A series of comments on Facebook have escalated into threats and allegations of racism involving the SPCA in Happy Valley-Goose Bay.

The controversy began last Thursday when the local SPCA president commented on a photo of a puppy that had to be put down.

The original posting has since been deleted, but SPCA officials confirm president Lee Hill stated something to the effect of "I'd like to go down there and blow them all away."

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SPCA spokesperson Bonnie Learning (pictured) says the board backs president Lee Hill 100 per cent. (CBC)

There was no mention of where the puppy was found, and Hill did apologize.

But in a subsequent post, SPCA spokesperson Bonnie Learning said the animal came from the Innu community of Sheshatshiu.

She said that led to a string of threatening calls and emails to the local SPCA.

Learning said the initial comment — while ill-advised — was aimed at the animal abuser, not the people of Sheshatshiu.

"None of us on our board have time for animal abusers," Learning said.

"We don't care who you are, what race you are. It was just a fact. I mean, it could've been from Hopedale, it could've been from North West River. It made no difference. That's where the puppy was picked up from."

Learning claims two truckloads of residents from Sheshatshiu confronted a lone worker at the local SPCA Monday afternoon.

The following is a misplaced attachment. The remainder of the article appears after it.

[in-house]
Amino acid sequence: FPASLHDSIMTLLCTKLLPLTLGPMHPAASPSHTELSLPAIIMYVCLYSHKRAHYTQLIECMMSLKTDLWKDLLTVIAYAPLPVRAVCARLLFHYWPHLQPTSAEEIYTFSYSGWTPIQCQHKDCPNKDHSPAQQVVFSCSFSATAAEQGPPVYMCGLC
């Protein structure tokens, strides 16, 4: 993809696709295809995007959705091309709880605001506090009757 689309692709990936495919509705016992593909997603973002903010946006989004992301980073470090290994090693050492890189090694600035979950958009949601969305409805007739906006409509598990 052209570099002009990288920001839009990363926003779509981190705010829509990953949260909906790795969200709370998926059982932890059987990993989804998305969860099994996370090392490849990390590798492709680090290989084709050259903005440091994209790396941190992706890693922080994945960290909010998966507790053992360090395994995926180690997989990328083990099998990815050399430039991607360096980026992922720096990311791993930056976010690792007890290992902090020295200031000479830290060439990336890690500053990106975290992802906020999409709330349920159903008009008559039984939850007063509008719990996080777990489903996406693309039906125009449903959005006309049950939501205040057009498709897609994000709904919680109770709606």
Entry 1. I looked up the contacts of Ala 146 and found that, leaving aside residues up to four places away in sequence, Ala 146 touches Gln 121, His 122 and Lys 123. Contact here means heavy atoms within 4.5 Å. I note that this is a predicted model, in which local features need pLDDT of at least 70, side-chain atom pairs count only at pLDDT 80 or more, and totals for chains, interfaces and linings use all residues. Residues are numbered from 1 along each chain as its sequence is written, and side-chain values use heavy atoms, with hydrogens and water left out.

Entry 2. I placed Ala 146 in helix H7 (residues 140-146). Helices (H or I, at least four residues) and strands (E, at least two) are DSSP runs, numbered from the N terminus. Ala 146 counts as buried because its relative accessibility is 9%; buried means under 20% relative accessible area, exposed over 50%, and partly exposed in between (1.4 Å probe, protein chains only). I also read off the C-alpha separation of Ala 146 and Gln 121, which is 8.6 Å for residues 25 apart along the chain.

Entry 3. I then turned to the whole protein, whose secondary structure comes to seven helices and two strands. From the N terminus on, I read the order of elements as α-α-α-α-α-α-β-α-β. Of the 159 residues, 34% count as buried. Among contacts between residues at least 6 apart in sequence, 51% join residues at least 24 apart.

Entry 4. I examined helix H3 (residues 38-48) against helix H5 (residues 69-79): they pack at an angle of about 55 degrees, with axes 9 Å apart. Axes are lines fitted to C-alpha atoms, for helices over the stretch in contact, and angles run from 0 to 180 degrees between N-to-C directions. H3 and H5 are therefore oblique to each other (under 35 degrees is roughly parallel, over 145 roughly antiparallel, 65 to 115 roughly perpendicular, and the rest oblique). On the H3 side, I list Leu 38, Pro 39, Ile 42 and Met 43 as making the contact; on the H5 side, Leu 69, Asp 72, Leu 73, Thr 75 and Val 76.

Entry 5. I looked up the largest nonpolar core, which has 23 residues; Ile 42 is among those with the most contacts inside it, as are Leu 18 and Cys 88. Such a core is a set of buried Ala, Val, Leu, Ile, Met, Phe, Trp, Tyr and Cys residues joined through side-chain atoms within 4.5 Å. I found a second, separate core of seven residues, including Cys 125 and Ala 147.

She said police were called, but not before the group verbally abused the employee and left.

Learning said Hill's emotion got the best of her, and the board backs their president 100 per cent.

Facebook was the source of the original controversy, and Facebook is where protests against the SPCA have since found a home.

A new group — titled "Shame on SPCA negative comments on Innu people" — was created on Monday, and had more than 550 members as of early Tuesday afternoon.

"It's depressing and despicable that racism is flourishing in our own communities," Delilah Terriak posted on that page. "Animal abuse isn't an issue that is concentrated in little communities like Sheshiashiu, it's everywhere."

Formal apology

Meanwhile, the grand chief of the Innu Nation is demanding a formal apology from Hill.

Chief Joseph Riche says the Innu people have put up with similar disparaging remarks for far too long.

"It's scary how this person can be president within an association," Riche said. "At one point we care for the dogs and we're going after the animal abuser. At the same time, well let's just blow one group of people away and we'll solve the whole issue."

Online apologies aren’t enough, he said.

Riche wants Hill to come to Sheshatshiu and apologize in person, or at least on public radio.